Credit unions argue pandemic bolsters case to ease membership rules

Some credit union advocates are arguing that the National Credit Union Administration needs to further ease field-of-membership rules to address issues highlighted by the coronavirus.

Last year, a long legal battle over previous changes NCUA made to FOM requirements was settled after the Supreme Court declined to hear an appeal in the case.

But the Credit Union National Association and others are calling for requirements to be loosened even further to ensure the financial viability of credit unions, especially those that currently serve a narrow group of members and may be interested in expanding.

“Field-of-membership changes have been impactful and beneficial,” Mike Schenk, chief economist for CUNA, said during a hearing regarding NCUA’s budget. “And more can and should be done.”

In 2016, NCUA updated FOM requirements to expand how credit unions can define membership eligibility, including across broad rural areas that cross state lines or excluding core-based statistical areas. Credit unions hoping to serve rural districts across a broad geographic area can do so without having to seek permission from multiple state regulators.

But Schenk argued that the pandemic demonstrated that this expansion of FOM wasn’t enough. The economic turmoil related to the outbreak further showed the heightened safety-and-soundness issues for credit unions with concentrations in specific industries.

For example, the leisure and hospitality industry — including restaurants, hotels and theme parks — saw a near-immediate decline in employment once the coronavirus became widespread. The industry lost 8.3 million jobs in the two months that ended in April, according to a letter CUNA submitted about the budget.

As local economies opened, the employment situation in the hospitality sector improved, but overall employment remained more than 20% lower than February’s pre-pandemic level, according to the letter.

Schenk said during the regulator’s budget hearing late last year that CUNA hopes the regulator will use the COVID-19 crisis as a reference point for meaningful field-of-membership reform.

But Sam Brownell, founder and CEO of CUCollaborate in Washington, D.C., said some of the burden of those narrow memberships falls on the institutions themselves as they often fail to take full advantage of expansion possibilities and are hesitant to branch out.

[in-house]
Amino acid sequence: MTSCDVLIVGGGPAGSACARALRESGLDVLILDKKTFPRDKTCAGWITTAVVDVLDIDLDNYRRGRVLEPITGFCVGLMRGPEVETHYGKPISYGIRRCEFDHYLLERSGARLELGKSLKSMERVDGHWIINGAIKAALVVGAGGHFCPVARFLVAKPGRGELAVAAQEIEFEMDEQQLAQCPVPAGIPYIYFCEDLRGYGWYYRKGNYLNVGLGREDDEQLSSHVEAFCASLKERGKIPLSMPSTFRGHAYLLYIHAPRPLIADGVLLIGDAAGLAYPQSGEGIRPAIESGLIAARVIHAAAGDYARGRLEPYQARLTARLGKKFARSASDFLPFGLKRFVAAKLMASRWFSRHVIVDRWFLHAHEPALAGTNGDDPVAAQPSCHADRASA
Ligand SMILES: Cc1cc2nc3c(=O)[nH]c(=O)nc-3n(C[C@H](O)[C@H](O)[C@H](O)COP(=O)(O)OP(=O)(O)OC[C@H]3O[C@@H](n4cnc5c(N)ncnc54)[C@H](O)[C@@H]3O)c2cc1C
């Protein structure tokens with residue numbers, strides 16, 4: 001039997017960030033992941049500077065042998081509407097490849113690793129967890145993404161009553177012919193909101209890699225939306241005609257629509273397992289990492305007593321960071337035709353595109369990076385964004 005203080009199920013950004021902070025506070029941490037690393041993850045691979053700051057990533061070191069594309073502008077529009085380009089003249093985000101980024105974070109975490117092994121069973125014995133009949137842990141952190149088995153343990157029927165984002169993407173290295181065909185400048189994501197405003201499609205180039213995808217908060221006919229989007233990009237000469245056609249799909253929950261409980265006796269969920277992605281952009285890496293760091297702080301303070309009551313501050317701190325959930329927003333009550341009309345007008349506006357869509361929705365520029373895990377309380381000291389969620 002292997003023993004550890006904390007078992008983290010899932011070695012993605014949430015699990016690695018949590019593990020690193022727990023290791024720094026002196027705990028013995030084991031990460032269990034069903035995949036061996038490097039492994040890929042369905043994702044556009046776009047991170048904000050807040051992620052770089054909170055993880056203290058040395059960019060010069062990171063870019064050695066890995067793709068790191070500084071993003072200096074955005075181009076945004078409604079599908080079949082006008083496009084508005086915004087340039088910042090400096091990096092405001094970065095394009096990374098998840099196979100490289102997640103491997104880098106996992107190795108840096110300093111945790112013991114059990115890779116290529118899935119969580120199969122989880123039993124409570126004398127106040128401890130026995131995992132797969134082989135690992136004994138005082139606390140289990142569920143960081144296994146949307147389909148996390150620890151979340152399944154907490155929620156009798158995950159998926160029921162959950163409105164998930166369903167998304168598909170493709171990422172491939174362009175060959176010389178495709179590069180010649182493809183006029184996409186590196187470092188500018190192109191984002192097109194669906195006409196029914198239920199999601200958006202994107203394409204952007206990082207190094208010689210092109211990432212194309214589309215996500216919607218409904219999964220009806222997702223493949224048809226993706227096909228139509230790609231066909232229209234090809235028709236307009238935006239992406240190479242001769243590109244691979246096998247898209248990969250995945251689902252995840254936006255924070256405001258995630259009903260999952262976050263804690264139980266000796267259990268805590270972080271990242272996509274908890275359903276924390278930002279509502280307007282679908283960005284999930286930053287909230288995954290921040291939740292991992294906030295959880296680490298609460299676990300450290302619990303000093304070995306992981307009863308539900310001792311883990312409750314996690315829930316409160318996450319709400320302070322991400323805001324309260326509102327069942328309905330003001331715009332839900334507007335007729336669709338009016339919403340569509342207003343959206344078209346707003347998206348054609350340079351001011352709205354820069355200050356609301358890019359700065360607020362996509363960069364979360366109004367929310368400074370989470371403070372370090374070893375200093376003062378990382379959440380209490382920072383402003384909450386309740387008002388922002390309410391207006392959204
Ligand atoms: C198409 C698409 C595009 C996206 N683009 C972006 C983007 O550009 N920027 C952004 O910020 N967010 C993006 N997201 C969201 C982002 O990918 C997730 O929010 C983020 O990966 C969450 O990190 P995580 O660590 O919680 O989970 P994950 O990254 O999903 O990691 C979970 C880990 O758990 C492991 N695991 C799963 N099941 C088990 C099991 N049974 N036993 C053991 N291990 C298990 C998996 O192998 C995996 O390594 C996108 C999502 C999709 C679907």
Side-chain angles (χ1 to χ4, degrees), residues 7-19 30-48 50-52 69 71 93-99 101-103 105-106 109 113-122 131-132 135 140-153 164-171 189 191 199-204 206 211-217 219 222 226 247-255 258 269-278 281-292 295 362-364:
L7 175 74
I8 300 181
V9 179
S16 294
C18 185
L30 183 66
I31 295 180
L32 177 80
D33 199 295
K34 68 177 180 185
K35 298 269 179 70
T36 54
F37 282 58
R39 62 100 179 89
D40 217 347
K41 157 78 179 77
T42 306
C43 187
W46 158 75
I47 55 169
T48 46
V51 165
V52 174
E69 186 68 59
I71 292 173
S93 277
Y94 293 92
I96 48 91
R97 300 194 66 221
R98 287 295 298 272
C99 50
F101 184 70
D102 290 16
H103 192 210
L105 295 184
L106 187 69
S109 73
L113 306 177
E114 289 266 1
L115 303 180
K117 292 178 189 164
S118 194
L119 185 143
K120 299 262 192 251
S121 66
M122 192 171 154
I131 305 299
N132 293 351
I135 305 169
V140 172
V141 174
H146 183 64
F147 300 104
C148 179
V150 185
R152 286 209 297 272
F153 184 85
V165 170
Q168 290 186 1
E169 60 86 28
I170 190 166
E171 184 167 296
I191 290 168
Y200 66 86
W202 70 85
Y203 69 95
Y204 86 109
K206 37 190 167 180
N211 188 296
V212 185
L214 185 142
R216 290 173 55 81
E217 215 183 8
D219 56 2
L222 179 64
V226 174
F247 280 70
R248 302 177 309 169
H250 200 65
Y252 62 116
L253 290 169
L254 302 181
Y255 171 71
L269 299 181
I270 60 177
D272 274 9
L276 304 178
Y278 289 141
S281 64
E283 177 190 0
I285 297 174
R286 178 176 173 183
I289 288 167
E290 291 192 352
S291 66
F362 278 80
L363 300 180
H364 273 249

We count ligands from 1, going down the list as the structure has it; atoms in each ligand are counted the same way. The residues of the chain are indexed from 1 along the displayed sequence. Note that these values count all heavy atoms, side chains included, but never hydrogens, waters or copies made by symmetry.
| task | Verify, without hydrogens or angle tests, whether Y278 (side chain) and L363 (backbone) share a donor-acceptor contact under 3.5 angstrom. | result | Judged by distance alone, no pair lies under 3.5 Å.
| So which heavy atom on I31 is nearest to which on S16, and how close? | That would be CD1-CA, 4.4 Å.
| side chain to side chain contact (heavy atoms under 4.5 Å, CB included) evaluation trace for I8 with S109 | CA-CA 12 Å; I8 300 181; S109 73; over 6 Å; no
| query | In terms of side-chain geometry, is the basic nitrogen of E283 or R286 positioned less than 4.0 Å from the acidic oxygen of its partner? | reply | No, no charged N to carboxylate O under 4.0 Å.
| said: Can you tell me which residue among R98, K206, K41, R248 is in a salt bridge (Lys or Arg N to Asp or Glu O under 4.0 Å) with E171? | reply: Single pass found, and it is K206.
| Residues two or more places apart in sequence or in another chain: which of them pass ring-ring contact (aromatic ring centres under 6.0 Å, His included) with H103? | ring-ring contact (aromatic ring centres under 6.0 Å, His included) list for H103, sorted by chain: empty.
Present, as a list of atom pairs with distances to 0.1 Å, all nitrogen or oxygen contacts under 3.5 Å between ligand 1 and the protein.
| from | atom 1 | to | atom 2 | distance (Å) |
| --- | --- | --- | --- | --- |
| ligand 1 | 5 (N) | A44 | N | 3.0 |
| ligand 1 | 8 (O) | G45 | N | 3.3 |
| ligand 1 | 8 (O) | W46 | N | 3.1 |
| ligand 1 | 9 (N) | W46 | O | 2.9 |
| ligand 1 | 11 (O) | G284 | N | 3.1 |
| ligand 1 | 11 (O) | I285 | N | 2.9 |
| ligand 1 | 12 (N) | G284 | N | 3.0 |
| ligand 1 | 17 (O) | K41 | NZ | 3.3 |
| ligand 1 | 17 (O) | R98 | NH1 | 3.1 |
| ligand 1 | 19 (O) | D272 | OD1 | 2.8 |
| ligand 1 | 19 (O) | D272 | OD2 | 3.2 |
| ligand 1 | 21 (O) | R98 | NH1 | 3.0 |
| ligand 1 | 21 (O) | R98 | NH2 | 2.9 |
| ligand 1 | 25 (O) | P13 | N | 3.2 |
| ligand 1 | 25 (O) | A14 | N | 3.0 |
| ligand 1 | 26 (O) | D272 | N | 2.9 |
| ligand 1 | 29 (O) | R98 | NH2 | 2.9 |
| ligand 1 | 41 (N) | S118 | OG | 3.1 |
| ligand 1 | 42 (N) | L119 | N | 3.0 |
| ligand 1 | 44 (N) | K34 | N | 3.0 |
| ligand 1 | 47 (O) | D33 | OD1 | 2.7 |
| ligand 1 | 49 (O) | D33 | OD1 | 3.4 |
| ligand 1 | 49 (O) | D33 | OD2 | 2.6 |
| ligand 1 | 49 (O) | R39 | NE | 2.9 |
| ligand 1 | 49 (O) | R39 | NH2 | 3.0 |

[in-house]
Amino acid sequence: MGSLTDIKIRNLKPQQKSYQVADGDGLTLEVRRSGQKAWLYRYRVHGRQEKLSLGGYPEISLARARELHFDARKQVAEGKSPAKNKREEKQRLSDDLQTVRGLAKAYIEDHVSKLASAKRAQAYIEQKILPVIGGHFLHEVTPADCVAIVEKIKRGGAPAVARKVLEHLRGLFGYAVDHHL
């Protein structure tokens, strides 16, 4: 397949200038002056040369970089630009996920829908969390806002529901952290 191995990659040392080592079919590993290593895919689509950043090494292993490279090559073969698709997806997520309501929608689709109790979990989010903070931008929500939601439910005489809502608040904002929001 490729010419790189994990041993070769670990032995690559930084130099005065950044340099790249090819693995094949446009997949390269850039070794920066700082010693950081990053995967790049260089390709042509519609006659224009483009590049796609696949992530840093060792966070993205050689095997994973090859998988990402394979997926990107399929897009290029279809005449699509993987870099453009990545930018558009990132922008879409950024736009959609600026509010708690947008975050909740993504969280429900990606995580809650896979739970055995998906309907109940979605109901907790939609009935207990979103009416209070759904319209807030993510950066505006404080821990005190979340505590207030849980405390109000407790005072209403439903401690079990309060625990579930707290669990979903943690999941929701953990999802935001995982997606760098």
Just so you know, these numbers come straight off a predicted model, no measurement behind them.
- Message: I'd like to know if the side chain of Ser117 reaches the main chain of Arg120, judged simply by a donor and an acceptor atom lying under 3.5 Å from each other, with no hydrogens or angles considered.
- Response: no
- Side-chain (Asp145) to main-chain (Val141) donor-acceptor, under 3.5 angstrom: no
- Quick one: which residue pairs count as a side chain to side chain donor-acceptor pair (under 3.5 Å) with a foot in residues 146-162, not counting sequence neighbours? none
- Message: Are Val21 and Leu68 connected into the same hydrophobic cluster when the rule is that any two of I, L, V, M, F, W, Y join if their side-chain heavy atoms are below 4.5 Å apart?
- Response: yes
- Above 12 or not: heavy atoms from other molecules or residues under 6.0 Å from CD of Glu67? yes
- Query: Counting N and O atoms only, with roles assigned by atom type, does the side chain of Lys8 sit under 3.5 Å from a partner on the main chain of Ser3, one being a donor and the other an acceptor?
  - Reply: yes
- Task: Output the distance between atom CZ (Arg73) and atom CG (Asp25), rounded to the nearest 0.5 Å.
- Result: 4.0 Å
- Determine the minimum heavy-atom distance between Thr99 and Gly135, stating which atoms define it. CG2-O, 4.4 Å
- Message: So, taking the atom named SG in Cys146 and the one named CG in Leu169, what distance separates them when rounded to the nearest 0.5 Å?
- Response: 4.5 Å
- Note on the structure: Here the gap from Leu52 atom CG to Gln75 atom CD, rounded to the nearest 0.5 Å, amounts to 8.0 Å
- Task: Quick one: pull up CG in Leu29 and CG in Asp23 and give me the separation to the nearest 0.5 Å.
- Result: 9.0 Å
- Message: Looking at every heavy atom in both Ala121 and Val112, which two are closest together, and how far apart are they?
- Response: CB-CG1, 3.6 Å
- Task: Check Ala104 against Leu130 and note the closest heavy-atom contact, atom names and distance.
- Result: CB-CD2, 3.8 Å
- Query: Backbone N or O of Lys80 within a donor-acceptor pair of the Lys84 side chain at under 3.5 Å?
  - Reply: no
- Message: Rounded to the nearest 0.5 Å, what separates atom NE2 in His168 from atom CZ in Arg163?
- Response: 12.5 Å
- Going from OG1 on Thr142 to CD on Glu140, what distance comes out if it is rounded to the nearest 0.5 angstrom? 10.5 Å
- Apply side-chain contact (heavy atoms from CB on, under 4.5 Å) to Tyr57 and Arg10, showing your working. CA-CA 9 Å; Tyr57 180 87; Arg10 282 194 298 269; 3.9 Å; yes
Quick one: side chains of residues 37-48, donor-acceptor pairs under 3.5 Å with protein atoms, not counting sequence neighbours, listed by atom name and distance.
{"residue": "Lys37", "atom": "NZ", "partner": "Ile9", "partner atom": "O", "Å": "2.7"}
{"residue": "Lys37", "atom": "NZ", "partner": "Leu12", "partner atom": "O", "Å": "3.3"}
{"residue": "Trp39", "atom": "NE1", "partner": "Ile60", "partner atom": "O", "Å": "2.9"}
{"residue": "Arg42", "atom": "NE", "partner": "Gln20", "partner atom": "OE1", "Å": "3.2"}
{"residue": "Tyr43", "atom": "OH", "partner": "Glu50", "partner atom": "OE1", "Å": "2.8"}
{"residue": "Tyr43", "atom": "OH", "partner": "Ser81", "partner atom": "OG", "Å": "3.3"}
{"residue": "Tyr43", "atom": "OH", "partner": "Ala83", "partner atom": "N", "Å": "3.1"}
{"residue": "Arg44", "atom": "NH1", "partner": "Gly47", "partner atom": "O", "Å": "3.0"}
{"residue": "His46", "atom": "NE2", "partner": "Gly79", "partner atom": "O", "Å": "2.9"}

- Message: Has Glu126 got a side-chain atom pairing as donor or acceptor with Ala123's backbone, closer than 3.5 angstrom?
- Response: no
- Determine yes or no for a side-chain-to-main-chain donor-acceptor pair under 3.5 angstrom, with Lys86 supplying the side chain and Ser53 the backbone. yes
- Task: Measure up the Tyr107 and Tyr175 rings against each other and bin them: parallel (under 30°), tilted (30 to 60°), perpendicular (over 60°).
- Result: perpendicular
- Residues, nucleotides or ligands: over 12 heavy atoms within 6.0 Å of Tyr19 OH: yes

“In almost all cases it’s a lack of interest from the credit unions,” he said. “They are resistant to broadening their club and allowing more people in.”

That’s because most of the institutions believe that operating within their chosen niche is the best path to success, he said.

Additionally, the number of potential members has already expanded for the overall industry in recent years, increasing by 73% from December 2016 to September, according to NCUA data. Potential membership reached about 4.3 billion in the third quarter, according to the data. However, that counts some Americans more than once since they could fit the field of membership for multiple institutions.

Gerber Federal Credit Union in Fremont, Mich., was a single-sponsor credit union for decades but converted to a community charterin early 2017 as a way to bring more members into the fold.

John Buckley, president and CEO of the $187 million-asset institution, said he believes Congress should take up a rewrite of the Federal Credit Union Act to open up field-of-membership rules further.

“The bankers will scream at the top of their longs, but it does become a safety-and-soundness issue from the standpoint of concentration risk,” he said. “You could say the same thing about geographic concentration, but that would tend to drive industry consolidation around a few large players, which is not what most of the industry wants.”

NCUA Chairman Rodney Hood said in an interview the regulator is closely monitoring credit unions that serve hard-hit industries, but he stressed that the pandemic underscores the need for greater financial inclusion for lower-income families.

“Concentration is an area to consider, but I’m looking more broadly at the picture around the COVID-19 pandemic,” he said.